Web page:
Oklahoma is one step closer to adding the national motto “In God We Trust” to more than 300 state buildings, with a bill passing the state’s House of Representatives.
The Oklahoma House voted Tuesday to overwhelmingly support House Bill 3817, with a final tally of 76 yeas, and 20 nays, with 4 legislators excused.
Authored by House Speaker Charles McCall, HB 3817 would have the Office of Management and Enterprise Services display the national motto on 342 state buildings.
“The placement and size of the display shall be in keeping with the placement and size of the display of the national motto in the United States Capitol Visitor Center,” reads the proposed legislation in part.
“The display of the national motto shall not be construed to mean that the State of Oklahoma favors any particular religion or denomination thereof over others.”
Republican state Rep. Jay Steagall of Yukon defended the legislation, dismissing in a statement last month any church and state separation concerns.
“Our government is based on the idea that our inalienable rights are granted to us by our creator,” Steagall said, according to Tulsa World. “It is impossible to separate church from state. And our founders said we should not do that, actually.”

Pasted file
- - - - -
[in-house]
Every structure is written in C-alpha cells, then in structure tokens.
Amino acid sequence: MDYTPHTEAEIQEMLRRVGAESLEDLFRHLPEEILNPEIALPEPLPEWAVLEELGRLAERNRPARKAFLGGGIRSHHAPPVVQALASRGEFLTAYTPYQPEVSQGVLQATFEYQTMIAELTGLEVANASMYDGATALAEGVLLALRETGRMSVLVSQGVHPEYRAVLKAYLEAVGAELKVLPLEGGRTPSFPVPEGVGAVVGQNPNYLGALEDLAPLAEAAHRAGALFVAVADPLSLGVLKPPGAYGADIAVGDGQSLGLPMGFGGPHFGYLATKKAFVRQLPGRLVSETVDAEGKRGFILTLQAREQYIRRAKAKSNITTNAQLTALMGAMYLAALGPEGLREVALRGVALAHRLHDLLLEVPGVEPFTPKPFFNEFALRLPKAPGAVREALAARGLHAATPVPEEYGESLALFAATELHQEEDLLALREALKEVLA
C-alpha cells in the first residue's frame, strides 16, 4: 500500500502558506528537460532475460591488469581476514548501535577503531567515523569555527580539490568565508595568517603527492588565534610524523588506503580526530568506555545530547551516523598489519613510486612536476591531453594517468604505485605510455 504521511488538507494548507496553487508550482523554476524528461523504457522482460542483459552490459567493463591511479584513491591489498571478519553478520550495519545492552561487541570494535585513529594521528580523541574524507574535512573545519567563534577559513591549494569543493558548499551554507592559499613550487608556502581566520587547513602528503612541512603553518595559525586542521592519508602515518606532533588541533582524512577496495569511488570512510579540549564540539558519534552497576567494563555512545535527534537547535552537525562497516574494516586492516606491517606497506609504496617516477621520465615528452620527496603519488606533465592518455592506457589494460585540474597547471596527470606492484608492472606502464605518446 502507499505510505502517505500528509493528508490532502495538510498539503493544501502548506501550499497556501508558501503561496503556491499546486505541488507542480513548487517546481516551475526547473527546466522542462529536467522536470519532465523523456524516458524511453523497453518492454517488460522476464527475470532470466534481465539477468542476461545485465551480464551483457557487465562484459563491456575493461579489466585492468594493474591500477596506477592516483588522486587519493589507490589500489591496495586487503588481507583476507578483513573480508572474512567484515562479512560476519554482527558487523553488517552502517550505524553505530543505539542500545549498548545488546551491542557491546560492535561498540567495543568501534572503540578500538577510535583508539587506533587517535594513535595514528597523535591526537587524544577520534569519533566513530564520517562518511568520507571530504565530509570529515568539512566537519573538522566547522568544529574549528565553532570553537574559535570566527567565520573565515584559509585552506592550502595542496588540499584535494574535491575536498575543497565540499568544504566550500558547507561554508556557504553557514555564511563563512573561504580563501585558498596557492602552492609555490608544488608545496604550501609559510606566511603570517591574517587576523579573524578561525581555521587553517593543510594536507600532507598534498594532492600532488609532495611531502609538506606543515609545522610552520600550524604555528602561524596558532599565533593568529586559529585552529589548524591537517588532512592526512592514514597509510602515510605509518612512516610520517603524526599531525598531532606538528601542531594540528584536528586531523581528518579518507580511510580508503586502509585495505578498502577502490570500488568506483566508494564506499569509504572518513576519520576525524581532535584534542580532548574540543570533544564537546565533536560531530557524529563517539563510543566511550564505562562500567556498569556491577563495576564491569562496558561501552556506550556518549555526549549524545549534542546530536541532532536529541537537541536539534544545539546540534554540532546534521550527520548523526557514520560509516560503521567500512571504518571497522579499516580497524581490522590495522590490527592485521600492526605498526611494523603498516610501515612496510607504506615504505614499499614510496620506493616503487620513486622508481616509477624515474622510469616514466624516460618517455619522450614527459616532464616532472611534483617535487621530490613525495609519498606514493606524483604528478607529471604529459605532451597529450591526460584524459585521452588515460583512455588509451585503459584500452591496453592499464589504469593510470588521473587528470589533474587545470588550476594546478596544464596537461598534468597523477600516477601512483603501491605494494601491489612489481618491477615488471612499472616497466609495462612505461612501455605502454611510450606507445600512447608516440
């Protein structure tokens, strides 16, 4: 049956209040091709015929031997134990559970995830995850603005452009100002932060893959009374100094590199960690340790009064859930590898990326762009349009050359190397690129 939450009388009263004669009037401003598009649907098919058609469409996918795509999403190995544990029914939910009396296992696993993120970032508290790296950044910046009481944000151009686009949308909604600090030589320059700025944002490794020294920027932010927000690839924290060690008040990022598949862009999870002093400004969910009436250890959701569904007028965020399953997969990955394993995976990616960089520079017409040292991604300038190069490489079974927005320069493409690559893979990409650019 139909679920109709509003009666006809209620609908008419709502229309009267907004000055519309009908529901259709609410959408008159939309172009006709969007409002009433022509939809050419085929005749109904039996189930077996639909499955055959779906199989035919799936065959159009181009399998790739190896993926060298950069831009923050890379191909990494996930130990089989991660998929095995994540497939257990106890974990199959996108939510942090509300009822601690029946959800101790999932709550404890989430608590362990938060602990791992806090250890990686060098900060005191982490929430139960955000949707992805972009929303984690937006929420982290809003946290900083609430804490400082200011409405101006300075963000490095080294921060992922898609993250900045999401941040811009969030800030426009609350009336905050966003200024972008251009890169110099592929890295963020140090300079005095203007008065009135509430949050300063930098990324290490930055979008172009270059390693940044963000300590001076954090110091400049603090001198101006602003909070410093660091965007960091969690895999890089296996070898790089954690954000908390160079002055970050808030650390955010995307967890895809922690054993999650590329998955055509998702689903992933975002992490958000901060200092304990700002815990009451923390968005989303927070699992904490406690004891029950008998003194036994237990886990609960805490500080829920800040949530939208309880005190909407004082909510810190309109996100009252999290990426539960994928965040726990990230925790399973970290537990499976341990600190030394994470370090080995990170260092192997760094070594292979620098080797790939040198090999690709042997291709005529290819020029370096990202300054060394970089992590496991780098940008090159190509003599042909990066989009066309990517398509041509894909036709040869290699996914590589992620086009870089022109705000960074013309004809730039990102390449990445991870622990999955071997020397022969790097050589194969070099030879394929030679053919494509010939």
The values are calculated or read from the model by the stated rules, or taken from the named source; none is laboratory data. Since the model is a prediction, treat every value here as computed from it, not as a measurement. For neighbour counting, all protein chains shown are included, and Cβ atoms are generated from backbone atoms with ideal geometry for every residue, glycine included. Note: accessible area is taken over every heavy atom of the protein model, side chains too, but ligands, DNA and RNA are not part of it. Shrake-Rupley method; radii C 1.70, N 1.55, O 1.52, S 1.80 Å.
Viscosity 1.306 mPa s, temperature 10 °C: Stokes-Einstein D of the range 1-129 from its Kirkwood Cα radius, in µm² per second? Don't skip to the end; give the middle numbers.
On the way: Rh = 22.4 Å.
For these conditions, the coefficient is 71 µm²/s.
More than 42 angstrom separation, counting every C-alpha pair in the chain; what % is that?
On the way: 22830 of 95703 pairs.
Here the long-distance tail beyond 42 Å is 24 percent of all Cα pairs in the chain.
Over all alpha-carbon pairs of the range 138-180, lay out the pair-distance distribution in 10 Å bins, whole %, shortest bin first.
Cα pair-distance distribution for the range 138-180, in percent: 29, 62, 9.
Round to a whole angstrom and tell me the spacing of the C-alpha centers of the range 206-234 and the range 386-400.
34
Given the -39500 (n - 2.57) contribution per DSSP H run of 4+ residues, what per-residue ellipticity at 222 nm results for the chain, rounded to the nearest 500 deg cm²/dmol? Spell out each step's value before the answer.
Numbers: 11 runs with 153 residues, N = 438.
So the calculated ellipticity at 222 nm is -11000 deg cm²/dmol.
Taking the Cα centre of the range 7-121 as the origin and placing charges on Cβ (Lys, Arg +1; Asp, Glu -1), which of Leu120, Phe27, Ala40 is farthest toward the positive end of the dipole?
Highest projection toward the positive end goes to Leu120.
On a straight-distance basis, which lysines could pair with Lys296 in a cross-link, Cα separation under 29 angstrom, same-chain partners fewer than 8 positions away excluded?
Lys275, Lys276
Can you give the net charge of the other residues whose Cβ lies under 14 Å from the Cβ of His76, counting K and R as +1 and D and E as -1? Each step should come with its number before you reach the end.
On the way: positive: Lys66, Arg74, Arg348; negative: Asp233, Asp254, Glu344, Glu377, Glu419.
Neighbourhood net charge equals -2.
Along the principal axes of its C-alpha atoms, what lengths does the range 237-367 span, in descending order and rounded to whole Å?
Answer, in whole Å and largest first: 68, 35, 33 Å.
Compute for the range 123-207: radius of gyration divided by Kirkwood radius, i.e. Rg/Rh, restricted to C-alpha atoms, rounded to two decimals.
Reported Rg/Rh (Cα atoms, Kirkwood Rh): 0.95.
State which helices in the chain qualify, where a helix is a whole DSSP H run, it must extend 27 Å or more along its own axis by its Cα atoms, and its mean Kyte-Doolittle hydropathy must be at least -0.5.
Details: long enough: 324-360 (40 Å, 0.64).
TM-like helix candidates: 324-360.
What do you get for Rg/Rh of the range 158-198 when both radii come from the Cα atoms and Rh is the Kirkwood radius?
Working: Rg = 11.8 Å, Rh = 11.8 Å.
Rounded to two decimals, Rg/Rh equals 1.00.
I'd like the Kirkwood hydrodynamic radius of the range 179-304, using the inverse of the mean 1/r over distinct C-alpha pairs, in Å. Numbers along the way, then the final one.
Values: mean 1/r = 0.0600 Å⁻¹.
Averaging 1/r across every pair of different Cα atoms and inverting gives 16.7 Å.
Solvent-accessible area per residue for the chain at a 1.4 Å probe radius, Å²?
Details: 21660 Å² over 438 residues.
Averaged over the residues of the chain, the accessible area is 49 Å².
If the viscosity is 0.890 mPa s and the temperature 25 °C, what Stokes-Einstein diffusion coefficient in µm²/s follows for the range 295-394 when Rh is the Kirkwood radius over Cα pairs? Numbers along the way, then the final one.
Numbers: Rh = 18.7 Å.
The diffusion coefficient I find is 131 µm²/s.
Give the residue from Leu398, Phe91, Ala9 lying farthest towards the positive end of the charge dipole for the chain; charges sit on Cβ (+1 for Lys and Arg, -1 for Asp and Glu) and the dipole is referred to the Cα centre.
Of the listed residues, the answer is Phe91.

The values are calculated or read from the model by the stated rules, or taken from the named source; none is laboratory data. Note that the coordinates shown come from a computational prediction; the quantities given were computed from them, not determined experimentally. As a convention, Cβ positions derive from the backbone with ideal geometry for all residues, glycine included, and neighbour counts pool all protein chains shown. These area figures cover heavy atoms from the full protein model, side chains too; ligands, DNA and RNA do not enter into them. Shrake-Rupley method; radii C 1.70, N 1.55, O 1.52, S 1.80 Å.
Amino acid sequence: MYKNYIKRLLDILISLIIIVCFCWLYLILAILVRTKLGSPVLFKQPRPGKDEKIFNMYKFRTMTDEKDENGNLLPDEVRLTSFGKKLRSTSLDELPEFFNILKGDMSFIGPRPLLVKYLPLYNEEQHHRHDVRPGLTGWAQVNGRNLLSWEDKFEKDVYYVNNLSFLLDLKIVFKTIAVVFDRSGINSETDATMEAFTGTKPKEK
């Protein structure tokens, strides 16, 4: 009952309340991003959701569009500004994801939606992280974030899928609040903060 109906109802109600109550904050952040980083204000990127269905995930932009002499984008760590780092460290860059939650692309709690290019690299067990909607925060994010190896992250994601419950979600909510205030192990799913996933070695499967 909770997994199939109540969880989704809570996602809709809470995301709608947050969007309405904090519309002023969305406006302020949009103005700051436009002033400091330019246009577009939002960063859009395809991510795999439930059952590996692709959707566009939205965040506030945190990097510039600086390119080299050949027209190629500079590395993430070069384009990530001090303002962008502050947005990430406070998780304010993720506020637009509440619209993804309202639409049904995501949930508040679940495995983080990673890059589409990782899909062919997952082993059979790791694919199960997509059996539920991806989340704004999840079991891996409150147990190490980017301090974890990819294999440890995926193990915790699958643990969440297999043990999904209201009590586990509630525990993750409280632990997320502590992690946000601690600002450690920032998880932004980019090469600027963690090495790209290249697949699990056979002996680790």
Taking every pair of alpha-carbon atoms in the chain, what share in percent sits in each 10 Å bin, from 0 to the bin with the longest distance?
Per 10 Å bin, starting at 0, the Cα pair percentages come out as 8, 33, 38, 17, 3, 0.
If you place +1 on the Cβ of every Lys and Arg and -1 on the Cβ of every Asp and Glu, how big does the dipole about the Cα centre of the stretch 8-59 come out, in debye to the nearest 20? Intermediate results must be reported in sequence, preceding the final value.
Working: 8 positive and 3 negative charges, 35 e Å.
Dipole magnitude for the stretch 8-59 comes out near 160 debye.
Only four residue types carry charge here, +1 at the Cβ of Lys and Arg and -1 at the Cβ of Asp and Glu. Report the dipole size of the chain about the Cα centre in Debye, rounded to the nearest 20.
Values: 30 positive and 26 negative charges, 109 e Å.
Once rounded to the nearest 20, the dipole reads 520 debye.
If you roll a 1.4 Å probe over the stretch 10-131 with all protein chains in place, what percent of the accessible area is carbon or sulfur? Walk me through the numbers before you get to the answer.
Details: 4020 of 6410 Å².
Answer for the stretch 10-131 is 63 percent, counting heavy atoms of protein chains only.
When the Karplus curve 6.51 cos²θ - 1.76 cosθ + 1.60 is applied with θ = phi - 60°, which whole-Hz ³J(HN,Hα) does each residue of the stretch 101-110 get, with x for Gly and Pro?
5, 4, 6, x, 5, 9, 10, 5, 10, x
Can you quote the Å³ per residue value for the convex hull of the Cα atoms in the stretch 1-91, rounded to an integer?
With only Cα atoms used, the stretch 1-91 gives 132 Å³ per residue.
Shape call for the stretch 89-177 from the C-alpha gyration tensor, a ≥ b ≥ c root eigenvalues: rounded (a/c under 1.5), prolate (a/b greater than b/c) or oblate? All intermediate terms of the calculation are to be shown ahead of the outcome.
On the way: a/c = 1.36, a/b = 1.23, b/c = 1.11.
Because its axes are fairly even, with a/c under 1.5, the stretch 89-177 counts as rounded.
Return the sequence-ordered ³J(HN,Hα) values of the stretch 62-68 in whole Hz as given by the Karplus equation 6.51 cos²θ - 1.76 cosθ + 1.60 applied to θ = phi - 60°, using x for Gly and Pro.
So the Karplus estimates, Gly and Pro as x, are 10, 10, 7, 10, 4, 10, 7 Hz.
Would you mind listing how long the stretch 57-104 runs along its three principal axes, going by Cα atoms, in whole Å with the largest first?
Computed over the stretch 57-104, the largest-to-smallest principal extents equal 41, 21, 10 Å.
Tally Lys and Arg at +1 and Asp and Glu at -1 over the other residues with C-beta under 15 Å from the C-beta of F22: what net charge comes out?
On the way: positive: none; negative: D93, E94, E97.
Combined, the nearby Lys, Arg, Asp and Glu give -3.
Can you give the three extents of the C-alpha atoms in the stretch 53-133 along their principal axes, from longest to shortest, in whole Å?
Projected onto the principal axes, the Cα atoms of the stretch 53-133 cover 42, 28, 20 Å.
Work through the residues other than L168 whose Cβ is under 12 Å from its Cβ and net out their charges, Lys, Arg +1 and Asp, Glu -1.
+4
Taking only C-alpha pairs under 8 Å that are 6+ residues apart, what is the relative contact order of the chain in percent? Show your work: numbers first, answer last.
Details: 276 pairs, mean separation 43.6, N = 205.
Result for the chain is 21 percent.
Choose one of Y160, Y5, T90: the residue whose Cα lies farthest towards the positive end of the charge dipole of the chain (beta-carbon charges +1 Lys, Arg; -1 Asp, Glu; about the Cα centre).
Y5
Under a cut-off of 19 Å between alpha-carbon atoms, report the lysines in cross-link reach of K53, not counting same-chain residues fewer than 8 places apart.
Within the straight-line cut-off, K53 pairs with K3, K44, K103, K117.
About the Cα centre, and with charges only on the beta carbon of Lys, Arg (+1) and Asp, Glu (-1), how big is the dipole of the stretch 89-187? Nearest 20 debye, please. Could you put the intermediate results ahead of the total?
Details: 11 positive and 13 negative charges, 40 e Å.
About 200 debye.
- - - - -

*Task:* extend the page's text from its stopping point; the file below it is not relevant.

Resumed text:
Other legislators have criticized the measure, as have multiple secular organizations that view HB 3817 as an offensive government endorsement of religion.
The Freedom From Religion Foundation argued in an action alert that the proposed legislation was an example of “government-sponsored Christian proselytizing.”
“While politicians claim that these laws are intended to showcase the national motto or inspire patriotism, it is clear that their true purpose is to peddle religiosity to a captive audience,” stated FFRF. “These laws are about advancing the Big Lie that the United States was ‘founded on God’ or Christianity, dismantling the wall of separation between religion and government.”
The statement “In God We Trust” became the official motto of the United States in 1956 when President Dwight Eisenhower signed a law that also put the motto on the currency.
More recently, secularist groups have tried to remove the motto from U.S. money and elsewhere under the belief that it violates church and state separation.
Last year, South Dakota put into effect a law that required all public schools to display the national motto that was at least 12 inches by 12 inches in size.
“Some have plaques. Other have it painted on the wall, maybe in a mural setting,” explained Wade Pogany, executive director of the Associated School Boards of South Dakota, to The Associated Press last year. “[In one school] it was within their freedom wall. They added that to a patriotic theme.”